2. TNS, Chapter 2, Sections 2.1-2.3.4, 2.5-2.6.1 pp 11-18, 22-30; Chapter 3, Sections 3.1-3.5.2, pp 38-51: This is a refresher on the basic concepts of thermodynamics that help us understand how material ‘should’ behave when subjected to pressure and temperature. Reality is more complicated but this remains a powerful way to understand what the natural tendency for a system is. e-reserves

  • Lecture 8: The Rock Cycle I: Introduction to Igneous Rocks

    • Preparation: EPP, Interlude A.3 (The basis of rock classification), Interlude C and Chapter 6, Section 6.2 (Causes of Melting onwards), pp 157-161, 279-284, 169-193: Core concepts to grasp here are the ways to describe igneous rocks, their formation process and typical tectonic environments.

  • Lecture 9: The Rock Cycle II: Chemical Composition and Phase Diagrams

    • Preparation:

      1. TNS, Chapter 6, Sections 6.1-6.3, pp 137-144, Chapter 12.1-12.4.9 (excluding Section 12.2.2 & 12.2.3), pp 293-317: A description of the phase rule, phase diagrams and guidelines to read such plots for whenever you come across them. This should help understand how minerals crystallize out of the molten magma during the formation of igneous rocks. e-reserves

      2. MCO, Chapter 17, pp 288-296 (excluding the section on the ‘Stability of malachite and azurite’): A quick summary of first and second law of thermodynamics, enthalpy, entropy and the concept of Gibbs Free Energy. e-reserves

  • Lecture 10: The Rock Cycle III: Sedimentary and Metamorphic Rocks

    • Preparation: EPP, Chapter 7, Section 7.1-7.4, pp 216-242; Chapter 8, Sections 8.1-8.3, 249- 261. Core concepts to grasp here are the ways to describe sedimentary and metamorphic rocks, their formation process and typical tectonic environments.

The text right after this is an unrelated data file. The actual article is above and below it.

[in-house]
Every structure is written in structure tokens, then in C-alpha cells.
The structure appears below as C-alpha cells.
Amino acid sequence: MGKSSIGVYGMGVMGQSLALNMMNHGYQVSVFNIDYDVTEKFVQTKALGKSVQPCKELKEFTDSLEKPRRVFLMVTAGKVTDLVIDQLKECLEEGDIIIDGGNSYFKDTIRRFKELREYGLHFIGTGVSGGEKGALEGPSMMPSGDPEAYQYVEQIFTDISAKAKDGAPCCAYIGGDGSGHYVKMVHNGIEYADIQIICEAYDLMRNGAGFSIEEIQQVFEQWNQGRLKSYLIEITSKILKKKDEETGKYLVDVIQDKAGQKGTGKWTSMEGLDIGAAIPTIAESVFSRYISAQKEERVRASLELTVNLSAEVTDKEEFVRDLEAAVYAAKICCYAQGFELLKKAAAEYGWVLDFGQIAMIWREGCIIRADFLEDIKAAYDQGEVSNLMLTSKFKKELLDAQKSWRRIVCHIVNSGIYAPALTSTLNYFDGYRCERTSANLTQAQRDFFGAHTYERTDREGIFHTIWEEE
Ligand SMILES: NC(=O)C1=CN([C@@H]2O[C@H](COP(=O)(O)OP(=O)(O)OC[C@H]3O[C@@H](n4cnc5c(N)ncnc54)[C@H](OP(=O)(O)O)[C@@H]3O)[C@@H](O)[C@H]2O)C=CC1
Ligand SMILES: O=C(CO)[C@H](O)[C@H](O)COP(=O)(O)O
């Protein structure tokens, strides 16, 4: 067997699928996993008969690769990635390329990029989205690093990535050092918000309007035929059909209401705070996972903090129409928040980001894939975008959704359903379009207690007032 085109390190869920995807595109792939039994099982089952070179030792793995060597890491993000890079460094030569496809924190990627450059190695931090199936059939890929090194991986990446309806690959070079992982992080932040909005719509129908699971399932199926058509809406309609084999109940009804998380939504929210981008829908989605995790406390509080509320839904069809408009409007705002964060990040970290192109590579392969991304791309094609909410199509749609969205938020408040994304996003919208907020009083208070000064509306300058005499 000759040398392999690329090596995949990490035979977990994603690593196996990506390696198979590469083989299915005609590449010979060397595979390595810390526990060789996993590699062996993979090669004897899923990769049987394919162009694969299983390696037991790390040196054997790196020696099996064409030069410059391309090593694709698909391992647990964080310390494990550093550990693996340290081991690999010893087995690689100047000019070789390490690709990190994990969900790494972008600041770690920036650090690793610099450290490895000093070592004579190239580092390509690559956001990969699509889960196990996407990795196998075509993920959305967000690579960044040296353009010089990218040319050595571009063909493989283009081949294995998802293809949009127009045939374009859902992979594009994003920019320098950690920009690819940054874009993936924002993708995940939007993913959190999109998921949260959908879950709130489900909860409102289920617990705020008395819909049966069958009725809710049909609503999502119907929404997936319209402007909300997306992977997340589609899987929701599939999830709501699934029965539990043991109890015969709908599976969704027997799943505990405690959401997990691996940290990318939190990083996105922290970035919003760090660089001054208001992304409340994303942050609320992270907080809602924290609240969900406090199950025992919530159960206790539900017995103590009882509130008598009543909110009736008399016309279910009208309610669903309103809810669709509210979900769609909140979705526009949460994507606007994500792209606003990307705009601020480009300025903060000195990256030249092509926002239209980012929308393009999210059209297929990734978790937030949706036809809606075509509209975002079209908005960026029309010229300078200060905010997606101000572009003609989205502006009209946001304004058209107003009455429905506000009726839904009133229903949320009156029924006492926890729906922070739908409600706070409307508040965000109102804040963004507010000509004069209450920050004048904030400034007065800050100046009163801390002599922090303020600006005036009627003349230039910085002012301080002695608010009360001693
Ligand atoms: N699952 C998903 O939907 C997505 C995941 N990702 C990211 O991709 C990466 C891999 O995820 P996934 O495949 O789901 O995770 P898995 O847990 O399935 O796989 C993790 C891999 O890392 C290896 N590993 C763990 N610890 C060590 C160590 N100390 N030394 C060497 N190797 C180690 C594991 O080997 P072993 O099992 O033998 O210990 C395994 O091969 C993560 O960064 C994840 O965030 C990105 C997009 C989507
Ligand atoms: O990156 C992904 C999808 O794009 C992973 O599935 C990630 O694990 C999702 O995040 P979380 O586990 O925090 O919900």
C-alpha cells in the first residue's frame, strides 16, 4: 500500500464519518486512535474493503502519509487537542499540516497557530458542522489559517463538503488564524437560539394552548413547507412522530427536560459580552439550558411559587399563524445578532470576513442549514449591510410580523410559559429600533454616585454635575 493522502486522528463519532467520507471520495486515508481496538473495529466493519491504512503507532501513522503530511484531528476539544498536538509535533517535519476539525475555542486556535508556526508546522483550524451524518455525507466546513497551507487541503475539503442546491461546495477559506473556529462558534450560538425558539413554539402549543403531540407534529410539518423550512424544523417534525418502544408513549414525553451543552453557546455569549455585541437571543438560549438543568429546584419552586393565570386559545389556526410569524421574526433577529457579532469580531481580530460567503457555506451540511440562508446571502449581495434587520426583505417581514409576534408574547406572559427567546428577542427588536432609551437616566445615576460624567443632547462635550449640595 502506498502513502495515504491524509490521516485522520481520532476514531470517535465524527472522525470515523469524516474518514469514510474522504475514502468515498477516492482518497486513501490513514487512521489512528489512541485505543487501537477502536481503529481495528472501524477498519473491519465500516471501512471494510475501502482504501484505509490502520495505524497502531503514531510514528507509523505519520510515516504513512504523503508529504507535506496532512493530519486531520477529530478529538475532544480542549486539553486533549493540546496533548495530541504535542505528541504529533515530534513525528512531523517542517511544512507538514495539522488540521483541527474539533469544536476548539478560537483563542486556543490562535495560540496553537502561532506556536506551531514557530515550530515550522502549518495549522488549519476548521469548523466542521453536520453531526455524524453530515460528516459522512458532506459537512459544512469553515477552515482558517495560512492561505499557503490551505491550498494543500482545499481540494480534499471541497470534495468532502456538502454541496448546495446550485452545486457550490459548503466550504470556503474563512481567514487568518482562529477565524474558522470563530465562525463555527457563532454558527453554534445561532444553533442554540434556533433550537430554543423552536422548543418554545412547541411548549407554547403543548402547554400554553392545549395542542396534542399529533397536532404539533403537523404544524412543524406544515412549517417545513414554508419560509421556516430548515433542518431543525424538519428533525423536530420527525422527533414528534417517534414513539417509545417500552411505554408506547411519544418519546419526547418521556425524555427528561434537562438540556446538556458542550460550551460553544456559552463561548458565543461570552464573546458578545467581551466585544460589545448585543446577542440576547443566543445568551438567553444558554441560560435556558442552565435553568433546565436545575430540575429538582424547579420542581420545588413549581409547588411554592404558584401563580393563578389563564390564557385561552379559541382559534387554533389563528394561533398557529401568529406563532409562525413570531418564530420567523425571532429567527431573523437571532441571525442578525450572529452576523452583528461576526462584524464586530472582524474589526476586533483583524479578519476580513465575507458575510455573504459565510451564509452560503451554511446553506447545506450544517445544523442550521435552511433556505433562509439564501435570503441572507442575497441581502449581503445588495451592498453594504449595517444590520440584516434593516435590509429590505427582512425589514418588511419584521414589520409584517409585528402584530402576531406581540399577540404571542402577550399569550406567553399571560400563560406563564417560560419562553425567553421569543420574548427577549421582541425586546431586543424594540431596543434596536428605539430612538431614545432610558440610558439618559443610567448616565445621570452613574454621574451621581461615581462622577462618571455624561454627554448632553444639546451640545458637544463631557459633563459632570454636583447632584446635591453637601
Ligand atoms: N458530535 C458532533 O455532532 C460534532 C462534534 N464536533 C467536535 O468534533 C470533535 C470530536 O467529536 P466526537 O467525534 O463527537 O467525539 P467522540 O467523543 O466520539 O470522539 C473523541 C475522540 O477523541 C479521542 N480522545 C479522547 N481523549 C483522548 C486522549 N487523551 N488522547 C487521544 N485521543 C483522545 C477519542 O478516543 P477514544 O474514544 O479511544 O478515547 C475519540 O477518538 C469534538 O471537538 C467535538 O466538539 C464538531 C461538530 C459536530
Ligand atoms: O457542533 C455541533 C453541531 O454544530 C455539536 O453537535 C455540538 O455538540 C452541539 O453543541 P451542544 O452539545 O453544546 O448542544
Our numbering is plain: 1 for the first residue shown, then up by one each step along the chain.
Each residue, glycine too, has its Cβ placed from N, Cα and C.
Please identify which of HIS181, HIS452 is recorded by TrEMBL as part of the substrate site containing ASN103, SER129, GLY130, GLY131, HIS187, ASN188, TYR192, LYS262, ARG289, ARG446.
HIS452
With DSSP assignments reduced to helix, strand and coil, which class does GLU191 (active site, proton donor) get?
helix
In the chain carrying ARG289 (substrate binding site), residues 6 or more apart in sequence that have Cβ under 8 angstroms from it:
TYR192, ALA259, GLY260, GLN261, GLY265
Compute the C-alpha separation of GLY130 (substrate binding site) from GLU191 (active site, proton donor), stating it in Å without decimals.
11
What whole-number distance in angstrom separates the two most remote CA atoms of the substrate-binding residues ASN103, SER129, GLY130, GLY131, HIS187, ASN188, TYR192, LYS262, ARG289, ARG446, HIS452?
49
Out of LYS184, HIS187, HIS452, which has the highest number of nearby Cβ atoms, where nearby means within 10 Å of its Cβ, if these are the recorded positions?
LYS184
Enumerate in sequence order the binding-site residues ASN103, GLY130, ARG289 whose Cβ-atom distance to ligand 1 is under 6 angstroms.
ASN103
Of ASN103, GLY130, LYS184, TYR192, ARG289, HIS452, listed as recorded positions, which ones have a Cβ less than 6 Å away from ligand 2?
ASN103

Part IV: Earth History#

  • Lecture 11: Geologic Structures and (Relative or Radiometric) Dating

    • Preparation:

      1. EPP, Chapter 12, Sections 12.1-12.7 (pp 460-491). Introduces the methods of relative (using geologic principles and regional correlations of stratigraphic formations) versus absolute dating (radiometric methods using radiogenic isotopes).

      2. Moorbath 1971, Measuring geological time, Understanding the Earth ed I G Gass, P J Smith and R C L Wilson (Sussex: Artemis). A summary of various radiogenic isotopes and their applications. e-reserves

  • Lecture 12: Isostasy and Earth’s Topography

    • Preparation:

      1. EPP, Chapter 11, Section 11.5-11.8, pp 420-437. A broad overview of how mountain ranges form, and relationships between topography and stratigraphic formations.

      2. IFL: Chapter 1, pp 1-20. This is a good historical narration of the concept of isostasy. e-reserves

      3. WEG, Chapter 8, pp 223-243, 260-276 (i.e. excluding the section on ‘Gravity Modeling’). These sections provide the foundation for interpreting gravity maps and understanding isostatic equilibrium in various tectonic settings. e-reserves

  • Lecture 13,14: Rock Deformation and Rheology

    • Preparation:

      1. EPP, Chapter 11, Section 11.1-11.4, pp 401-419. Brief description of how brittle deformation regimes in the Earth’s crust manifest as faults, and how plastic deformation regimes manifest as folds. A basic introduction on brittle versus plastic deformation in the Earth and how it relates to stress and strain.

      2. FOG: Chapter 3, Sections 3.1-3.2, pp 121-129. Introduction to elastic theory, which describes the deformation (i.e. strain) when the material subjected to stress (e.g. pressure). e-reserves

      3. FOG: Chapter 2, Section 2.8, pp 105-117. Introduction to viscoelastic theory, which describes time-dependent deformation (i.e. strain rate) when the material subjected to stress (e.g. pressure), exceeding the elastic limit. e-reserves